The Design of: SearsStyle articles
Friends, this was my last week designing for Sears and after two years I feel grateful for having worked and learned along side some truly talented people. I’m sad to leave my team, but I know that they are all rock stars and will get on fine without me.
It’s truly hard to narrow down my favorite work I’ve done, because there have been so many great opportunities to be creative and push the searsStyle trends in exciting new directions.
My first issue was the Golden Rules issue in November 2012. This issue marked the beginning of searsStyle’s very own photo shoots. Before this, we would use stock photos for the trend heroes, which was challenging in itself to find appealing stock photography with generic enough clothing that they could pass for sears apparel. We quickly realized the value (and good practice) in photographing our own clothing in appealing, editorial style poses for each issue. This issue was one of three that won the GDUSA In-house design awards in 2013.
In Spring 2013, we started providing more photography direction and were getting some beautiful shots from the studio out in Elgin. Out of that came two of my absolute favorite issues: Sweet Sorbet and Minty Fresh.
Sweet Sorbet really showcases my abilities to wear multiple hats, because not only was I able to create the mood board and photo direction for the concept, but because we had no budget for an actual shoot, I offered my services and equipment to make it happen. The results really speak for themselves. I got that candid authentic happiness that I felt a lot of our typical sears studio shots were missing.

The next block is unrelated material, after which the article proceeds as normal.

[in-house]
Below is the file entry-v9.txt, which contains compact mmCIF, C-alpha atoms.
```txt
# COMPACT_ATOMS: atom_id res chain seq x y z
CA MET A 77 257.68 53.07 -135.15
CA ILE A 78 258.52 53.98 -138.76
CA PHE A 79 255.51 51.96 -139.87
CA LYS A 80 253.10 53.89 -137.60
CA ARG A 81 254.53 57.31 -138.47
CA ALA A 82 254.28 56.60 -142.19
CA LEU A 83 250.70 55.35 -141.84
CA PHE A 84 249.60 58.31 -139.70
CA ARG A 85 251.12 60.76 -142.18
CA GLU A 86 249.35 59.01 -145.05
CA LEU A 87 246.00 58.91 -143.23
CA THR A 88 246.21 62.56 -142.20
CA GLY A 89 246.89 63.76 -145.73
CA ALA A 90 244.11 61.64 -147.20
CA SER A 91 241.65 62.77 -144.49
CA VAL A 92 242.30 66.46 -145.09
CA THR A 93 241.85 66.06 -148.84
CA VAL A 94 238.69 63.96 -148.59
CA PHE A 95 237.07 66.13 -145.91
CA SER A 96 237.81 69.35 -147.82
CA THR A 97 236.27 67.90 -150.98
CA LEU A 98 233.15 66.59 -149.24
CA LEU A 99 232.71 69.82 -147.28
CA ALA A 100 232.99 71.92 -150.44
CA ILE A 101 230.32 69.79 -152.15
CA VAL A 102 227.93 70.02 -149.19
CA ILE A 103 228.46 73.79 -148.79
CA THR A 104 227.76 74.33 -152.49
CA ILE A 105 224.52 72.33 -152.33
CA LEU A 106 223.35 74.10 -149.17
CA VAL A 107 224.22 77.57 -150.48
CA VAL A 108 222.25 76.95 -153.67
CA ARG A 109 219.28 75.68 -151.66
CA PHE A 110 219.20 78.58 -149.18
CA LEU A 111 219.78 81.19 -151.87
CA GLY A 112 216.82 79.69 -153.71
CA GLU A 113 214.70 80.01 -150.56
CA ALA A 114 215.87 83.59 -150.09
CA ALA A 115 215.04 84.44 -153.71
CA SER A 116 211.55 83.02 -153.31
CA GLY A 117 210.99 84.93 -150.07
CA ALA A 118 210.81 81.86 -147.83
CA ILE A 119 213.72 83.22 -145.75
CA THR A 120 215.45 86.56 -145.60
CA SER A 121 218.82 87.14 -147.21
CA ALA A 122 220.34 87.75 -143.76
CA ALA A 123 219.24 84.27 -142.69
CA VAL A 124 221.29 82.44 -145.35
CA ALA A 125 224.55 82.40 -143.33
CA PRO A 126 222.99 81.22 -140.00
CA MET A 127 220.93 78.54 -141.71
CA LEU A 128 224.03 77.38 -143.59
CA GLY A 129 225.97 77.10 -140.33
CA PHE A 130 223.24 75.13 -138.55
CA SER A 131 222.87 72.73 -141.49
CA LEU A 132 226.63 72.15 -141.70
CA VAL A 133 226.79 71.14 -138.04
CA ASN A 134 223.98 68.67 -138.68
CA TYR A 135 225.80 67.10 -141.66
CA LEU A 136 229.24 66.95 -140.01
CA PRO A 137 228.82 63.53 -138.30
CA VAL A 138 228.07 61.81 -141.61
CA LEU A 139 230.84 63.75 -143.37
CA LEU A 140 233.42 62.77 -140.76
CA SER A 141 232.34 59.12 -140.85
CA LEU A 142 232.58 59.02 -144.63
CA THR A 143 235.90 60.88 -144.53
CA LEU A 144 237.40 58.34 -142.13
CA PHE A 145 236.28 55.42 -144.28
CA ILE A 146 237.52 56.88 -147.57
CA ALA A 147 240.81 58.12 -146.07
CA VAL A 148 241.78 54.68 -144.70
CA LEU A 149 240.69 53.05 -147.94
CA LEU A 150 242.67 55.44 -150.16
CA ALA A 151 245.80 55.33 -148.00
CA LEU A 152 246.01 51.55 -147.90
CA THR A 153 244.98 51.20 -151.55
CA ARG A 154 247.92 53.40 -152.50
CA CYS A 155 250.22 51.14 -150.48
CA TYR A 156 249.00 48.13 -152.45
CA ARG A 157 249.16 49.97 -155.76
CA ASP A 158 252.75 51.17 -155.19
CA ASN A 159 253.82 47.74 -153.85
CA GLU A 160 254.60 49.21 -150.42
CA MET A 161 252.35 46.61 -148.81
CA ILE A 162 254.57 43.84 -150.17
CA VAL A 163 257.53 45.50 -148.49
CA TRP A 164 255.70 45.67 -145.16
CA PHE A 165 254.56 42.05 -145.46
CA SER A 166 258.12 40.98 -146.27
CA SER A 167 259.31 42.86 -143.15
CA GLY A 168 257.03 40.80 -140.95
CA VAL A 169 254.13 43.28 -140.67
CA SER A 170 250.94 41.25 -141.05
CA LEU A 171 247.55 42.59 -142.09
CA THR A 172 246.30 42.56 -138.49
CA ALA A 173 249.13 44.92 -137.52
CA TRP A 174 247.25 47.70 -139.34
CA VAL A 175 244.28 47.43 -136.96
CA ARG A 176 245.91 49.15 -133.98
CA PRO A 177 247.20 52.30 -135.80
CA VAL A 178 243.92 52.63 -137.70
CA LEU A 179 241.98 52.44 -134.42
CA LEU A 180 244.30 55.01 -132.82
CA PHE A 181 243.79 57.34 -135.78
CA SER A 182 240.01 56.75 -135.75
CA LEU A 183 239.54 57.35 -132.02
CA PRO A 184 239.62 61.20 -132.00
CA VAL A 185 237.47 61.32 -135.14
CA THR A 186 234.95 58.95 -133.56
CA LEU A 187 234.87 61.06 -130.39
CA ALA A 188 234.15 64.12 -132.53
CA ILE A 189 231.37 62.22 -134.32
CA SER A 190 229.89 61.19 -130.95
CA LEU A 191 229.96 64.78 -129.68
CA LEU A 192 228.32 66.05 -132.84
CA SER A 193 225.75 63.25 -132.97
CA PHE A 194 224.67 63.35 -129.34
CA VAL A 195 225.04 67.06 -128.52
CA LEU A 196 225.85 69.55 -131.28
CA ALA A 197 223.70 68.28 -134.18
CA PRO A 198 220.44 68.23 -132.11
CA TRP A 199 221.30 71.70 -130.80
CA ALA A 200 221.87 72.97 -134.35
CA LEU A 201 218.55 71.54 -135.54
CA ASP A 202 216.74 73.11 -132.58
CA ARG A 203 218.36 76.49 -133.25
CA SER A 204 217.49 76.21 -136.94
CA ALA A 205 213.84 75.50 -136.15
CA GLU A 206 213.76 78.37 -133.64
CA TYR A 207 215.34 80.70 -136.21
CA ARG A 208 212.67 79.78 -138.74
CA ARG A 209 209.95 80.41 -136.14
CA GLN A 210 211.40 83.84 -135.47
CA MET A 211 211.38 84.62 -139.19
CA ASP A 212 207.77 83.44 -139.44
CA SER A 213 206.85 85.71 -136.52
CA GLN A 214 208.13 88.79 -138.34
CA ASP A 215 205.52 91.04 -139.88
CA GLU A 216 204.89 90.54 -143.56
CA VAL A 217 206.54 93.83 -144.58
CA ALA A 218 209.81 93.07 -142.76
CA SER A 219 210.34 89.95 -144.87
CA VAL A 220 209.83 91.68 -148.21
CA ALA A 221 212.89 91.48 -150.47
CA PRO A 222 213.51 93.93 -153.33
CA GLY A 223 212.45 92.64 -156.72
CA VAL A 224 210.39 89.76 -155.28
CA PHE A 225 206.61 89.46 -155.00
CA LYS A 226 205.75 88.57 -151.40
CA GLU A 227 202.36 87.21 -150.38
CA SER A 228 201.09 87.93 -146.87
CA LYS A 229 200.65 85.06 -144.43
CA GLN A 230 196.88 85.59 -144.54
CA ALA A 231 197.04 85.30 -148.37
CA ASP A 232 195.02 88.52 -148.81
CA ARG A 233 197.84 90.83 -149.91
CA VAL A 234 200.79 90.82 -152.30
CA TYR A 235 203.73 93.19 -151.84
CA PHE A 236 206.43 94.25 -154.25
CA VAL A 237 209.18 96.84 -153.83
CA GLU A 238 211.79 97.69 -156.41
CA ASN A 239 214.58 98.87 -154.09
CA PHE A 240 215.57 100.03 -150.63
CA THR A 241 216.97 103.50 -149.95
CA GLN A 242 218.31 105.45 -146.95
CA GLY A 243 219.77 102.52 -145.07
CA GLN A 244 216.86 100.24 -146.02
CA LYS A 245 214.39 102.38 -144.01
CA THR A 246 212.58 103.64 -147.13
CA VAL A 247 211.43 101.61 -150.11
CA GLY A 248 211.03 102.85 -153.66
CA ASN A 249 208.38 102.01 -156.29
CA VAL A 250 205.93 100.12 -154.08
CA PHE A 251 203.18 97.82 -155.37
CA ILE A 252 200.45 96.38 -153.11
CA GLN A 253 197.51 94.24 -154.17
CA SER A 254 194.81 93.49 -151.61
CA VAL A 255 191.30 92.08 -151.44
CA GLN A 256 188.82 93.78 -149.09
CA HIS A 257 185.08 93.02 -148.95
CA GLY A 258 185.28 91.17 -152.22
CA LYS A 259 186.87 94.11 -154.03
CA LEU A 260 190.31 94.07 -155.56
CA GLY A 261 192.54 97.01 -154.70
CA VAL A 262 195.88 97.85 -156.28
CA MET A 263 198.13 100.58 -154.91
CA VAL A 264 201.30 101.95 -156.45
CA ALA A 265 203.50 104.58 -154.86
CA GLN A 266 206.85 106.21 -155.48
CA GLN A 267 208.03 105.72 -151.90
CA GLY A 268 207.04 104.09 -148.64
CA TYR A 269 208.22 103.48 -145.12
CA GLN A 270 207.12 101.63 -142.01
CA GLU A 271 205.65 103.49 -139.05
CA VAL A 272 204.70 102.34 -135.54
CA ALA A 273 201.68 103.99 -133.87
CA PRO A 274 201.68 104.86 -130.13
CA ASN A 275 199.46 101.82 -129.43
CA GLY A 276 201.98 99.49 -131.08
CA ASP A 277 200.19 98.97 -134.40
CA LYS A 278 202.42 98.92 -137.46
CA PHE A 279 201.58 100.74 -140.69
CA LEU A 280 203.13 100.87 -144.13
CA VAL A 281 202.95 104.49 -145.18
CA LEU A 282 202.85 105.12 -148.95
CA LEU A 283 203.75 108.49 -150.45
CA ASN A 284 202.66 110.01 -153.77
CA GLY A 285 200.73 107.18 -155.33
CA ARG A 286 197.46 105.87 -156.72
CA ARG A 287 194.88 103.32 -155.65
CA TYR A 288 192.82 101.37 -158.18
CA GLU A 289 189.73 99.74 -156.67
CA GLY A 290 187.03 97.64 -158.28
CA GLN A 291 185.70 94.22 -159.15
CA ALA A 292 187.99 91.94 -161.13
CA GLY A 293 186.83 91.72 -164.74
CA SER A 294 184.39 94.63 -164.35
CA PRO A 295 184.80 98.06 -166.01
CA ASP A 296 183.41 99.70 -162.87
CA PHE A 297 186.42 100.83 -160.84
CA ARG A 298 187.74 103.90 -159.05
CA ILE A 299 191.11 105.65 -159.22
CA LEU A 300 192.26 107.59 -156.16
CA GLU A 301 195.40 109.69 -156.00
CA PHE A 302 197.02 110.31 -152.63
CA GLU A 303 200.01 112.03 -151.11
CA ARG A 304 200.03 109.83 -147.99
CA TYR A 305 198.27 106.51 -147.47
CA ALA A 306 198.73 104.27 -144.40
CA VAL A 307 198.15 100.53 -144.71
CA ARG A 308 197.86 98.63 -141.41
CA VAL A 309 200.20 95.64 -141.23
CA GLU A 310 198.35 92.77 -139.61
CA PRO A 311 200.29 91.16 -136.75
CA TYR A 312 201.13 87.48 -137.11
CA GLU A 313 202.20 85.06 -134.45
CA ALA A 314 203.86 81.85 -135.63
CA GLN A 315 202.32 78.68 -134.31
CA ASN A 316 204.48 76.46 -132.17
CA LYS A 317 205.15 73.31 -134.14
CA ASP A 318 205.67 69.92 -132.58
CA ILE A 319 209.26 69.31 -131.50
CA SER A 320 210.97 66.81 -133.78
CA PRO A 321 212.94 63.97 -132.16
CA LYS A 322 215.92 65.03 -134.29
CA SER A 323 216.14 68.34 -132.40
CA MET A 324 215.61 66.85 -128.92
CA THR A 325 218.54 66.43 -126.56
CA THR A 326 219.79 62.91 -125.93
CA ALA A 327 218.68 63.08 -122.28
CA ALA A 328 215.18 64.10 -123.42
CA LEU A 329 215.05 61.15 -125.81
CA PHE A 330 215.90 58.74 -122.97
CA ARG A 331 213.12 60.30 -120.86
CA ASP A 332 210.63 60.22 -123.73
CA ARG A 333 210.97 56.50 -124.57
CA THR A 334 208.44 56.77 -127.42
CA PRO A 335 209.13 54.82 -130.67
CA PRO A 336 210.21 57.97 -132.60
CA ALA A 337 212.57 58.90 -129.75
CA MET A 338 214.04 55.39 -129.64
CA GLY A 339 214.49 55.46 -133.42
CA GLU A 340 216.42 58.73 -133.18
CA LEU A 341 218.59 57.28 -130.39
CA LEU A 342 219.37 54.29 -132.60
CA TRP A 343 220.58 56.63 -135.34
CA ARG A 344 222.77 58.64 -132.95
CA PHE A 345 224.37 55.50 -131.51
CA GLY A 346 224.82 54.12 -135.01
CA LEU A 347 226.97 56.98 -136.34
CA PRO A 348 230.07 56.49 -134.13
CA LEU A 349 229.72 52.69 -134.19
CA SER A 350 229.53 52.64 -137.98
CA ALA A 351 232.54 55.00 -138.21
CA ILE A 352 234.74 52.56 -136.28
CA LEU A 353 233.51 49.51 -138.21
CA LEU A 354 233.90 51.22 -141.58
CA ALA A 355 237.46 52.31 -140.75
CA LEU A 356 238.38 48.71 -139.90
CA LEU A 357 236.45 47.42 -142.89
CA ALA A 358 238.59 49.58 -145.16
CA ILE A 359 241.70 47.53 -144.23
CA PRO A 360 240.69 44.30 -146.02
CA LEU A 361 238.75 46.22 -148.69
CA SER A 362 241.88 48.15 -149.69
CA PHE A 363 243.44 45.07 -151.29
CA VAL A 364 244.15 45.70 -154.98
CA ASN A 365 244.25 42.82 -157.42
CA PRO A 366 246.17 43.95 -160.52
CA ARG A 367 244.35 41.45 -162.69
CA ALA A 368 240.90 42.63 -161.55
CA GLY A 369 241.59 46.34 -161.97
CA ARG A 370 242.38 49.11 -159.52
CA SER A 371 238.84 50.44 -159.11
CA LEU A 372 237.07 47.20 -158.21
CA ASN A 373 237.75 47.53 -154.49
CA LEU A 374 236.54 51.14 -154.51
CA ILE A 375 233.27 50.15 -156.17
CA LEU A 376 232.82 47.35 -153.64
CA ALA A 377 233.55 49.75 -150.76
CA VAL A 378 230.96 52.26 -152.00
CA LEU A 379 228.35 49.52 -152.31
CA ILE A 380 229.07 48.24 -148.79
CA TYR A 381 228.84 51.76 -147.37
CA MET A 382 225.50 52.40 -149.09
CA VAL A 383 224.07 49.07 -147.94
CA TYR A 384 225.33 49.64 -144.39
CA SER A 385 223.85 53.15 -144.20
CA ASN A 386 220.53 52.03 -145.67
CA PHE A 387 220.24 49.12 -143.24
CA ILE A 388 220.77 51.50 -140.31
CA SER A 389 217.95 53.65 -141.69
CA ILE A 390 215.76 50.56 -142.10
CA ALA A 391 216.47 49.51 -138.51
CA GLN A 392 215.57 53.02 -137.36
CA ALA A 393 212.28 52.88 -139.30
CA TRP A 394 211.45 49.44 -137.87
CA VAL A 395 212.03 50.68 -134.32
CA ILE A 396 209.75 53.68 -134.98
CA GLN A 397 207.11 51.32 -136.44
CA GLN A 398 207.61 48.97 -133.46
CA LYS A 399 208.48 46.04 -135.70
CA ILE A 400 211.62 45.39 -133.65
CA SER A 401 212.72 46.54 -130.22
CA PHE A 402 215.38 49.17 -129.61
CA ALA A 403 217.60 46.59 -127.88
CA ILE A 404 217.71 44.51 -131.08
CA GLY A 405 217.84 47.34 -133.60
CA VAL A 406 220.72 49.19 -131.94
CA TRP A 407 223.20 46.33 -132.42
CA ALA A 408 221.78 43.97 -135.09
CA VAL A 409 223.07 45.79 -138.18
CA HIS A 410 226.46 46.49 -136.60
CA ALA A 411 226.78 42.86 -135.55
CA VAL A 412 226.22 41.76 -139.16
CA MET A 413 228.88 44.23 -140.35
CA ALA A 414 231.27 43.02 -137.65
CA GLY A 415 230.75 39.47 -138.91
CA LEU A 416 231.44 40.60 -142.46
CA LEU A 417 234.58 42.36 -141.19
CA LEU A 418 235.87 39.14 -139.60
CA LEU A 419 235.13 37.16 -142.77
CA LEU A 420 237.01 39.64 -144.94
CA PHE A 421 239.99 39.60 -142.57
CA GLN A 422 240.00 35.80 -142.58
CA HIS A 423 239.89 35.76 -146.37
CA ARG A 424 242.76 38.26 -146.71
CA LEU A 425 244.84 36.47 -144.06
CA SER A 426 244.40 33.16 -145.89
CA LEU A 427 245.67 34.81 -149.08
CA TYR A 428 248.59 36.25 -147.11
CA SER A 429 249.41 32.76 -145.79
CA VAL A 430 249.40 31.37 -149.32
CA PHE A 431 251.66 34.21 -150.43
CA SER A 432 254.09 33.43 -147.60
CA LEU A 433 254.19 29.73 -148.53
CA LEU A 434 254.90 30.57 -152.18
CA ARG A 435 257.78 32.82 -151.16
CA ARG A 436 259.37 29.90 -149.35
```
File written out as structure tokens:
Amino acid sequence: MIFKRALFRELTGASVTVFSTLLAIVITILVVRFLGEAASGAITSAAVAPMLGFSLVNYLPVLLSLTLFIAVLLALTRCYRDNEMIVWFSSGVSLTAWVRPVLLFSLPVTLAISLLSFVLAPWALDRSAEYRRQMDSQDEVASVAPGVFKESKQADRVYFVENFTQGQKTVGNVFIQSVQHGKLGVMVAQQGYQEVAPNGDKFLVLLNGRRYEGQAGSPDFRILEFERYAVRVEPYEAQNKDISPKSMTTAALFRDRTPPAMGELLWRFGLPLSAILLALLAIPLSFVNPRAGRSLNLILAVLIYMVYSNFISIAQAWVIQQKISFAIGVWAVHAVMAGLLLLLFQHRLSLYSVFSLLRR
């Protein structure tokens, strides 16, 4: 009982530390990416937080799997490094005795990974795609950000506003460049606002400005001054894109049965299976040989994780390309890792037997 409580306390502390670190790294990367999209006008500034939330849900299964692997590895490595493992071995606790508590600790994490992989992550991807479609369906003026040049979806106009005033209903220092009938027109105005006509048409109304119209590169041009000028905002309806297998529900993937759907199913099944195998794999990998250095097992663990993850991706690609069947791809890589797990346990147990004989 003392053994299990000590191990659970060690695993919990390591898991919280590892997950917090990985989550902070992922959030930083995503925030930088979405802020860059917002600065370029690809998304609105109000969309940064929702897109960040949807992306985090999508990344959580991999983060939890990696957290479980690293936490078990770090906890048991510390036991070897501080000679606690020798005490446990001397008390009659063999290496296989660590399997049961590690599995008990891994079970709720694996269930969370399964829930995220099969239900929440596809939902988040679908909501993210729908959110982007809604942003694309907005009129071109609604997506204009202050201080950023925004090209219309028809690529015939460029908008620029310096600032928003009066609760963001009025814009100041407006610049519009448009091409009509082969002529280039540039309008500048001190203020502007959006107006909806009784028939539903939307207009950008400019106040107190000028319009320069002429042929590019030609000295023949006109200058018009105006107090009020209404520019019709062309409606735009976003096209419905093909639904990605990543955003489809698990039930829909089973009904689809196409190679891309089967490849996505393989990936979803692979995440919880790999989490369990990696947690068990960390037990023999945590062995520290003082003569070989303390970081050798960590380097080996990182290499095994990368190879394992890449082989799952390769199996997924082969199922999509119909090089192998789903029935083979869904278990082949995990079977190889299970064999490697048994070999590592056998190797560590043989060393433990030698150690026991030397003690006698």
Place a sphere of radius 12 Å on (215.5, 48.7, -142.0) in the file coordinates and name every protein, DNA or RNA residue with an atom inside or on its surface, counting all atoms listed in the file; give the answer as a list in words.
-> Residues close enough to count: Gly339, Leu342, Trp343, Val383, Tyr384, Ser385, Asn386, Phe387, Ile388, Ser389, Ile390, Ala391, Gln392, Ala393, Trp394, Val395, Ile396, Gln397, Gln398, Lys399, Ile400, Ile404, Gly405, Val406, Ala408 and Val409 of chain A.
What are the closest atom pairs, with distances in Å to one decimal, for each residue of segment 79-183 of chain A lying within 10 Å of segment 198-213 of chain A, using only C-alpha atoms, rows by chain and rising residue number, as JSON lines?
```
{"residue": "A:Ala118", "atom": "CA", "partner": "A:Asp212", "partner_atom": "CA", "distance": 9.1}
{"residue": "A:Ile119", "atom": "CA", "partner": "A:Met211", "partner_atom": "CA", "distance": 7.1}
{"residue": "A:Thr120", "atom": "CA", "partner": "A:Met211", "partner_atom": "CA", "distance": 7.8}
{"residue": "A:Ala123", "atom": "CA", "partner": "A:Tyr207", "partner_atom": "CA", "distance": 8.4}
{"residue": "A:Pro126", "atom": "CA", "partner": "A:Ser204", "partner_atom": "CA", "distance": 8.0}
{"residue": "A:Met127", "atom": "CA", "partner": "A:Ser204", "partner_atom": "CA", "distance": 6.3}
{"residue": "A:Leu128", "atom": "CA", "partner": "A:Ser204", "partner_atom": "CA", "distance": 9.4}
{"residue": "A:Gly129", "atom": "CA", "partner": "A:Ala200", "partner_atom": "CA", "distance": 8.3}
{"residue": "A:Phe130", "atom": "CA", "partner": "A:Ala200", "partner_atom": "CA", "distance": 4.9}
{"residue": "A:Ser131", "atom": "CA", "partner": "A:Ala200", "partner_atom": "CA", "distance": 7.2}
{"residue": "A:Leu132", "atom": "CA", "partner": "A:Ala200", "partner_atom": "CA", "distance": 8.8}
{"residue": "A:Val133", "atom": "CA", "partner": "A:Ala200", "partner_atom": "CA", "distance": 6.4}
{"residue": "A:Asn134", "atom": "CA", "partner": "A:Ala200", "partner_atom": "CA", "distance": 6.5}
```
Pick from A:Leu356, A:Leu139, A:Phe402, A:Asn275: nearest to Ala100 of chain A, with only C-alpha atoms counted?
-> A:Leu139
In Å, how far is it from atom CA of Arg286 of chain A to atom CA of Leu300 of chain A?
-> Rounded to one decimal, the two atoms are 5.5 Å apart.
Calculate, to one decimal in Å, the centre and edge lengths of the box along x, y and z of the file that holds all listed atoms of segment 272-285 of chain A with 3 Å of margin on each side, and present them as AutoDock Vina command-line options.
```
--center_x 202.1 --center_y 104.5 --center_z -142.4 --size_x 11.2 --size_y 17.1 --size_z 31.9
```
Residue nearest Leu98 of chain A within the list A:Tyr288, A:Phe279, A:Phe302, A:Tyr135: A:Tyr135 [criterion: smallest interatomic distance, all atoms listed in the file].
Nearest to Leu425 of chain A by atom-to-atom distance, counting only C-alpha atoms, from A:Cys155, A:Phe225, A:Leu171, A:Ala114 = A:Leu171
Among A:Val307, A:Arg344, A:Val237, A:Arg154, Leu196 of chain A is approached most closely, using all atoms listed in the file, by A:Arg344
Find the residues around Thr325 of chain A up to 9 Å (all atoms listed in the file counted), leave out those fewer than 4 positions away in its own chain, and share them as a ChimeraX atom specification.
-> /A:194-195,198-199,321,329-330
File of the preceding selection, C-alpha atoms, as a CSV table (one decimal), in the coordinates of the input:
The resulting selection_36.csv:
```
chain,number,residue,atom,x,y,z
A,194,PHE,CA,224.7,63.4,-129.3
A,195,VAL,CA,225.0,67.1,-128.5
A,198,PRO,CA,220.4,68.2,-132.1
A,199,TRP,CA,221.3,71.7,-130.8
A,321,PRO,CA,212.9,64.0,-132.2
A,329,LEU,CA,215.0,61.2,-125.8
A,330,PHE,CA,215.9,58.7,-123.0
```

The Minty Fresh Issue was one of three (including my golden rules above) that won us the GDUSA In-House Design Award in 2013. Because that year was all about wearing solids from head to toe, we devised the idea of using layered patterned mint walls as our backdrop.
In August 2013, we switched over to a new layout and custom platform. The searsStyle 2.o addressed some interactivity and user experience issues we had in the first version. Now the site had an archive and the home page had larger editorial looking tiles of content. It was a true blog.
That fall marked one of our business periods ever. We had no idea how much work would really go into making a true blog, that we quickly became overwhelmed with the work load. Not only were we now in charge of designing creative for 8 – 10 articles each week, but we also had to create the tile image for each article and mock them up for each update on the homepage, design the hero, and several other pieces that would go on the site and on our social pages. All of this was also on a truncated timeline. We decided that not one designer could keep up with all that work each week, so we split it up as fairly as we could and helped each other out when we needed it. They became weekly integrated marketing campaigns. While the workload was difficult at times, I truly did enjoy the fall trends, including the “fall must have a list”. It is one of the best heroes I’ve done with out our own photoshoot.
Another searsStyle Staffer Challenge came up for fall and I was only too eager to volunteer myself as the photographer again. This time we had our social media expert, Flora, model off all different types of denim. We decided to make this photo shoot more authentic to sears by shooting her downtown Chicago. The sears office is just two blocks from Millennium park, where we shot most of the days.